States will not need to pay anything for the first 3 crore vaccinations — a little over 6 crore doses including 10 per cent wastage — but it is not known how much will be the states’ share in vaccine cost.
Vaccines for the Universal Immunisation Programme are procured in 60:40 ratio by Centre and states. “We do not yet know if such a formula will be applied on this,” a senior health ministry official told ThePrint.
Among the states that have promised free vaccines is West Bengal. Trinamool Congress leaders, without getting into the tricky territory of vaccine procurement, maintain that the state would not disrupt the vaccine flow but procure vaccines from the Centre as required but for all its people rather than just specific groups.
“We will get the vaccine from the Centre since they are the only ones who have it. But we will pay for the additional doses,” said a party MP who didn’t wish to be named. He did not get into the question of availability of sufficient doses of vaccines.
Which comorbidities will make people ‘eligible’?
This is a big grey area currently as a committee formed by the Ministry of Health is deliberating on who the most vulnerable are during the pandemic. Through the pandemic, people with hypertension, diabetes, or immunocompromised status saw the worst outcomes.
Niti Aayog member (health) Dr V.K. Paul said during the weekly briefing on 29 December: “A committee comprising about 12 experts from various specialties including cancer, kidney, lungs, heart, etc has been constituted for this purpose and it is actively working and we are expecting their report very soon — may be in a few days.”
The panel will also need to take a call on how to prioritise recipients based on the seriousness of the disease. Whether there will be various categories based on the stage of the disease is not clear yet, but it may be a difficult proposition given the high burden in India of non-communicable diseases (NCDs) to include all of them as a monolith in the vaccine beneficiary list.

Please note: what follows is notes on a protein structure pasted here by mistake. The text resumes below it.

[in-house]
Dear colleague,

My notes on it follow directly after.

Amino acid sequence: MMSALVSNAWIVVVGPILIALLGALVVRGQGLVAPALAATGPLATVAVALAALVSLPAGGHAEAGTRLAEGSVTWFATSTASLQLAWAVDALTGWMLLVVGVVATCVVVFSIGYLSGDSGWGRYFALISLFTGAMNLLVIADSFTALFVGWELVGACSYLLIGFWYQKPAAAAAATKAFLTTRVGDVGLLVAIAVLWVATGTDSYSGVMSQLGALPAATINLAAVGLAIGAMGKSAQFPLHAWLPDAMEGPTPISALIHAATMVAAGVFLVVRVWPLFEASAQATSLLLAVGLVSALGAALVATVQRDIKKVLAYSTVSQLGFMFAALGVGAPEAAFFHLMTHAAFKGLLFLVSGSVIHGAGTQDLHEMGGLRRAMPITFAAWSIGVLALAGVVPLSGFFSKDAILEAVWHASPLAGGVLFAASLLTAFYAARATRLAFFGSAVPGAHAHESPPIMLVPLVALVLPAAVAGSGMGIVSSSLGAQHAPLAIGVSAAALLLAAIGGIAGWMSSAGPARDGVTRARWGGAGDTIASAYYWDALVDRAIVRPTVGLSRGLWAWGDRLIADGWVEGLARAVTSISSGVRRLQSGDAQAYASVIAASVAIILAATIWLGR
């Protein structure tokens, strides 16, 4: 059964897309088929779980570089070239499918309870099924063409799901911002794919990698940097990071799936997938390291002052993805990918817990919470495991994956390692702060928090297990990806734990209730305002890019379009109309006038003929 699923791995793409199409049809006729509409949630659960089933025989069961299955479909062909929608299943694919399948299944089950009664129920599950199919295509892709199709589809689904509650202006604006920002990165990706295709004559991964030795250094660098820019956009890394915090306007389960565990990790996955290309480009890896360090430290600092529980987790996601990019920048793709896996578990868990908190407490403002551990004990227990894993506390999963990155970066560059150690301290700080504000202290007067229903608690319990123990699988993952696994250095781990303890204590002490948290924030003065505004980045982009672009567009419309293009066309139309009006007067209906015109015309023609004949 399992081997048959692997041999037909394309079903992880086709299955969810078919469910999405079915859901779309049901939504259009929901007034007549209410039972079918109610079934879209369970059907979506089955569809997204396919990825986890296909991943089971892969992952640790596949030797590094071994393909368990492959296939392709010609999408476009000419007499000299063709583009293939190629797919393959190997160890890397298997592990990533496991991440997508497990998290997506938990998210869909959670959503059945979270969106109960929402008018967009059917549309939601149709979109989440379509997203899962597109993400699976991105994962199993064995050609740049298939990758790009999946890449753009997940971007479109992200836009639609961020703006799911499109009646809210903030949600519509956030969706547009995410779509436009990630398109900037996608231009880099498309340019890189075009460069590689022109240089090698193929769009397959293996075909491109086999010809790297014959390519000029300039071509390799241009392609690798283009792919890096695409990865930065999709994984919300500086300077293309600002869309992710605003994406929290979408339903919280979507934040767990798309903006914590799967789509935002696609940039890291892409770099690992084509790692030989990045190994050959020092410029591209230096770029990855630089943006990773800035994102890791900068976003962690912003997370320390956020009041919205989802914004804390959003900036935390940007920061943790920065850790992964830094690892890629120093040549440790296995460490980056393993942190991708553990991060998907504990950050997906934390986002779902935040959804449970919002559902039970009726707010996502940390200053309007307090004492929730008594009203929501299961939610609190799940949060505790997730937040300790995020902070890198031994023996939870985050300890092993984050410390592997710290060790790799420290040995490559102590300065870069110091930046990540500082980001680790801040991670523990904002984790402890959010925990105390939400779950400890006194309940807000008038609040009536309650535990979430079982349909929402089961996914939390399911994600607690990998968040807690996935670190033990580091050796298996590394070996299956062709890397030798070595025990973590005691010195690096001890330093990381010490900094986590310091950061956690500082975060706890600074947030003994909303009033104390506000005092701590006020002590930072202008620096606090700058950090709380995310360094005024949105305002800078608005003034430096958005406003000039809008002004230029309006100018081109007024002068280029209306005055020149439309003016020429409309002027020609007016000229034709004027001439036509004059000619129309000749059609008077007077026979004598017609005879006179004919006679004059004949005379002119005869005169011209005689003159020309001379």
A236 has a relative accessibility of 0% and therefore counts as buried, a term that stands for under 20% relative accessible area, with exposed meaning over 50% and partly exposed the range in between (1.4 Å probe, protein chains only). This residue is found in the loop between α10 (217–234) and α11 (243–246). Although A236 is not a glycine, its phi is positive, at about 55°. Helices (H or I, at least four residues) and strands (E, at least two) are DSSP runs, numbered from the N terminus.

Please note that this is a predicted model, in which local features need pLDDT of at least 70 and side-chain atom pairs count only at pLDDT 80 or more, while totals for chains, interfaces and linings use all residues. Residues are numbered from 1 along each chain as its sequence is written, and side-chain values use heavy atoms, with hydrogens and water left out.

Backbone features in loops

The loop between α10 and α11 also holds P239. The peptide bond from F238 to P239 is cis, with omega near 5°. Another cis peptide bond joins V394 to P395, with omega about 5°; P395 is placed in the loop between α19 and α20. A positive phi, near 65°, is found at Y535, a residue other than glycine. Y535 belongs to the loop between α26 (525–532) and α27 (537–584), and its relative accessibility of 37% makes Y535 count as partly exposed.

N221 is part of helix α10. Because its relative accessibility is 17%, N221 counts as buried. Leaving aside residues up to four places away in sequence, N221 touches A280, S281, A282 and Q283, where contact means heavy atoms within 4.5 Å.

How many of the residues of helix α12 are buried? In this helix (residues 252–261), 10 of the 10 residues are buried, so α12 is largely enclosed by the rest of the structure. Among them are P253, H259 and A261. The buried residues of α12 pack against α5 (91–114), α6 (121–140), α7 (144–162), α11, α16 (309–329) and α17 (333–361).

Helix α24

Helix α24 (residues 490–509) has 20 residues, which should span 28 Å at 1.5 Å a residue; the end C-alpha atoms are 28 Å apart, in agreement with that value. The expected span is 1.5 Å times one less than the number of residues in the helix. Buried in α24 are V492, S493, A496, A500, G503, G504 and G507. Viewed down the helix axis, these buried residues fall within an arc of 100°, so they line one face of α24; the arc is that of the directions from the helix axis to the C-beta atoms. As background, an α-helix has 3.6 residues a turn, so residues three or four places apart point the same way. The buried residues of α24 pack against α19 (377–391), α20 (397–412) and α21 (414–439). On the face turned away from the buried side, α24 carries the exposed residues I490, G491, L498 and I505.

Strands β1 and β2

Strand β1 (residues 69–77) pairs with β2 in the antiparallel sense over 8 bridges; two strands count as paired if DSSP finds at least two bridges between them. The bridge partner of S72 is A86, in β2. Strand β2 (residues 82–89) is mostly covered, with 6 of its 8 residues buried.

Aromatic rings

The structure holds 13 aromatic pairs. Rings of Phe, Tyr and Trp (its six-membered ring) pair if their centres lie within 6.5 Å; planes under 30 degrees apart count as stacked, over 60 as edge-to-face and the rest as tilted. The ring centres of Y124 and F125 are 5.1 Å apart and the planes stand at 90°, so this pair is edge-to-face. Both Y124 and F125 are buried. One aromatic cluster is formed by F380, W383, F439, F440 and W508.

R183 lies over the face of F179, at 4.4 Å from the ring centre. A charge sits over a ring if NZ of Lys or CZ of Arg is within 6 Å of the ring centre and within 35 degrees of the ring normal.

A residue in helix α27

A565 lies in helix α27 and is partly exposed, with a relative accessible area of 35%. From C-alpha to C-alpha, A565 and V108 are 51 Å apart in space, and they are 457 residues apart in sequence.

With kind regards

“We will need to take a call on what for example on how to prioritise a person who is on insulin over one who is just on a first line anti-diabetes drug,” a health ministry official said on condition of anonymity.
When will vaccine be available over the counter in pharmacies?
The answer to this question has many unknowns, including the manufacturing capacity of the approved vaccines and the speed at which the others in trial manage to clear regulatory hurdles.
On Monday, during his interaction with states, Prime Minister Narendra Modi expressed hope that by the time the first 3 crore vaccinations take place, India’s Covid vaccine basket may have more options.
Adar Poonawalla, chief executive officer of Serum Institute of India that is making the Covishield vaccine, has said in multiple interviews that he hopes to be able to sell the vaccine in the market by March. However, this is subject to the rate at which he and Bharat Biotech can supply the 66 crore vaccine doses that the Government of India will need to inoculate the 30 crore priority vaccine beneficiaries.
If vaccines become available in pharmacies across the country, some of these 30 crore could fall off the government’s list by procuring it on their own. It is also possible that vaccines that are not part of the government programme are sold in the open market, officials say, as and when more approvals come through.